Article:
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Small-scale response in an avian community to a large-scale thinning project in the southwestern United StatesAuthor(s): Karen E. Bagne; Deborah M. Finch
Source: In: Rich, T. D.; Arizmendi, C.; Demarest, D.; Thompson, C., eds. Tundra to tropics: Connecting birds, habitats and people; proceedings of the 4th international Partners in Flight conference; February 13-16 2008; McAllen, TX. Partners in Flight: 669-678.
Publication Series: Miscellaneous Publication
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DescriptionAvian populations were monitored using point counts from 2002 to 2007, two years before and four years after a 2800 ha fuel reduction project. The study area was within a ponderosa pine forest near Santa Fe, New Mexico, USA. Adjacent unthinned areas were also monitored as a reference for population variation related to other factors. For individual bird species populations, response generally only lasted one or two years and many species had no response despite the alteration of forest structure from greater than 1240 trees ha-1 to approximately 190 trees ha-1. Response varied by species and with time after treatment. For example, Hermit Thrush (Catharus guttatus) populations were consistently lower following treatments, while American Robins (Turdus migratorius) and Townsend's Solitaires (Myadestes townsendi) had lower numbers on treated areas in only one year. Broad-tailed Hummingbirds (Selasphorus platycercus) were more abundant on treated areas in multiple years, while Pine Siskins (Carduelis pinus) were more abundant on treated areas in 2007 only. Compiling responses for all species in all time periods, 14 species had positive responses to thinning, five had negative responses, seven had no responses, and one had a mixed response. Additionally, the majority of the analyzed species identified as of regional concern by Partners in Flight in the southern Rocky Mountains had a positive response to thinning. Nesting success varied by year, but we found no consistent pattern between thinned and unthinned areas for open-cup or cavity nests. Positive response to thinning by species of conservation concern along with few negative responses indicates that this type of fuel treatment may be an important tool for bird conservation in this region.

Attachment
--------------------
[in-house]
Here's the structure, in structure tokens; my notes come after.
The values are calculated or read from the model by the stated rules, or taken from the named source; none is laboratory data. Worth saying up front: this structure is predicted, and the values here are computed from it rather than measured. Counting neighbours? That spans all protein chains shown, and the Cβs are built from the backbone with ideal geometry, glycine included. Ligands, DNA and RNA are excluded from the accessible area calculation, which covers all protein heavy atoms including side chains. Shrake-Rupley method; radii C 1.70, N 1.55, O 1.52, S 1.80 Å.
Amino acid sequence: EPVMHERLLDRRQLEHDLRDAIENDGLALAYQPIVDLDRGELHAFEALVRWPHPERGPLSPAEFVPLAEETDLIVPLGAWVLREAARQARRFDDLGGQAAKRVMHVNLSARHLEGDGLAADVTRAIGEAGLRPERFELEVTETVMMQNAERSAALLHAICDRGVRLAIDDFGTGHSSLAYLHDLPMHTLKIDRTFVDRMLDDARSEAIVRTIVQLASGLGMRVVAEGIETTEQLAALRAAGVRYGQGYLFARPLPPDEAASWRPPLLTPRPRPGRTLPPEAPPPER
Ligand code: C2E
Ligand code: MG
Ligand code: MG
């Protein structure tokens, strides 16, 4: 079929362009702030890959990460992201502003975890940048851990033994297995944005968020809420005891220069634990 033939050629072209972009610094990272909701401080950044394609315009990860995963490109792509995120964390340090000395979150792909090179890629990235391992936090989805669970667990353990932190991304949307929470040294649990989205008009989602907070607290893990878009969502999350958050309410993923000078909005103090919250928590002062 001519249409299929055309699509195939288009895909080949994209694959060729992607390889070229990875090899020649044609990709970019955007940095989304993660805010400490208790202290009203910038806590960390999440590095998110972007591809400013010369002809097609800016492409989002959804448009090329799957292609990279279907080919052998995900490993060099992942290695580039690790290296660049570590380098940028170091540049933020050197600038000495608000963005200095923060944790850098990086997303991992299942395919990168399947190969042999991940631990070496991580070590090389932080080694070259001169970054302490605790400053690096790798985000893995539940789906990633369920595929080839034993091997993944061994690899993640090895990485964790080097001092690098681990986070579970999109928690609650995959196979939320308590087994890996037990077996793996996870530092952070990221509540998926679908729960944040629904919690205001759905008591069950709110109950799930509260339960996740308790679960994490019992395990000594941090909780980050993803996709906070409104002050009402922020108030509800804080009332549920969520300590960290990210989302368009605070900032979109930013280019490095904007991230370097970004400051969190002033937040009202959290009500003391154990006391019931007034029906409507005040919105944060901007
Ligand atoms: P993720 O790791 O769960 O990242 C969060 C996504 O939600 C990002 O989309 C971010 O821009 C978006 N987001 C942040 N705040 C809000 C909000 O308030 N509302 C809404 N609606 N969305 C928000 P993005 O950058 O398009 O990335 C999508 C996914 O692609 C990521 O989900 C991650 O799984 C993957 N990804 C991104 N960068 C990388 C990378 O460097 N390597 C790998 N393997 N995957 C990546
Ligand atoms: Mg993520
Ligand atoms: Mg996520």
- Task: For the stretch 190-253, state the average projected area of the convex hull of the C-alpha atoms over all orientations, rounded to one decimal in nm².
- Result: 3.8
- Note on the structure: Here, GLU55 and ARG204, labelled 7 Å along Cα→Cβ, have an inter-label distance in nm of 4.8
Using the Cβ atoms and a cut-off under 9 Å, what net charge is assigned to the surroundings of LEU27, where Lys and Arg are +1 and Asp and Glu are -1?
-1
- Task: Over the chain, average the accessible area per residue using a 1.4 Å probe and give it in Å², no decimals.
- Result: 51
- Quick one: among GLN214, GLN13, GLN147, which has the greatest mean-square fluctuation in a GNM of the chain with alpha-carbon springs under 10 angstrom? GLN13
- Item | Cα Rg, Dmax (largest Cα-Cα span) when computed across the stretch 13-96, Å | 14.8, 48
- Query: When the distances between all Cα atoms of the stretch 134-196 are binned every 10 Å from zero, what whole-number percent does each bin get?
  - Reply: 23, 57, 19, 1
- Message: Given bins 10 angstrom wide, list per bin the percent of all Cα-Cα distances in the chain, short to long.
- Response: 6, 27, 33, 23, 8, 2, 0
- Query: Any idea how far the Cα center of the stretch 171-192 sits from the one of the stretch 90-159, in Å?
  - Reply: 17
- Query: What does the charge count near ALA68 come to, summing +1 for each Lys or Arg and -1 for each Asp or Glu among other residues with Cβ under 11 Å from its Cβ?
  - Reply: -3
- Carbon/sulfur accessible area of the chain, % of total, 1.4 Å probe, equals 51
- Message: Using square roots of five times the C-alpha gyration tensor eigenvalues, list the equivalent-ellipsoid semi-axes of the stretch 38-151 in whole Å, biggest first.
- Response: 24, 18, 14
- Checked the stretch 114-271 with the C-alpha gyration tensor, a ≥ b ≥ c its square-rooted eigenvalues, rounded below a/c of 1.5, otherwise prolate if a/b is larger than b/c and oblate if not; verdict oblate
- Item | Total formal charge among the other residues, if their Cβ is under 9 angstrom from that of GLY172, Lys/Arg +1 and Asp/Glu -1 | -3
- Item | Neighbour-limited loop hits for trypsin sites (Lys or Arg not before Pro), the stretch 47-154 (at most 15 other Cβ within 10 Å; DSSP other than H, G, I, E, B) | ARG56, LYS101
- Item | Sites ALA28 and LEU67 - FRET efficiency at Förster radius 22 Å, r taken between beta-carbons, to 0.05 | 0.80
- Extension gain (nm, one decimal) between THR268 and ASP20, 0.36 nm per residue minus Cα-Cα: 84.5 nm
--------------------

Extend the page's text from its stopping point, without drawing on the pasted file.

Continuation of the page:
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CitationBagne, Karen E.; Finch, Deborah M. 2009. Small-scale response in an avian community to a large-scale thinning project in the southwestern United States. In: Rich, T. D.; Arizmendi, C.; Demarest, D.; Thompson, C., eds. Tundra to tropics: Connecting birds, habitats and people; proceedings of the 4th international Partners in Flight conference; February 13-16 2008; McAllen, TX. Partners in Flight: 669-678.
Keywordsabundance, birds, nest success, New Mexico, silviculture, thinning
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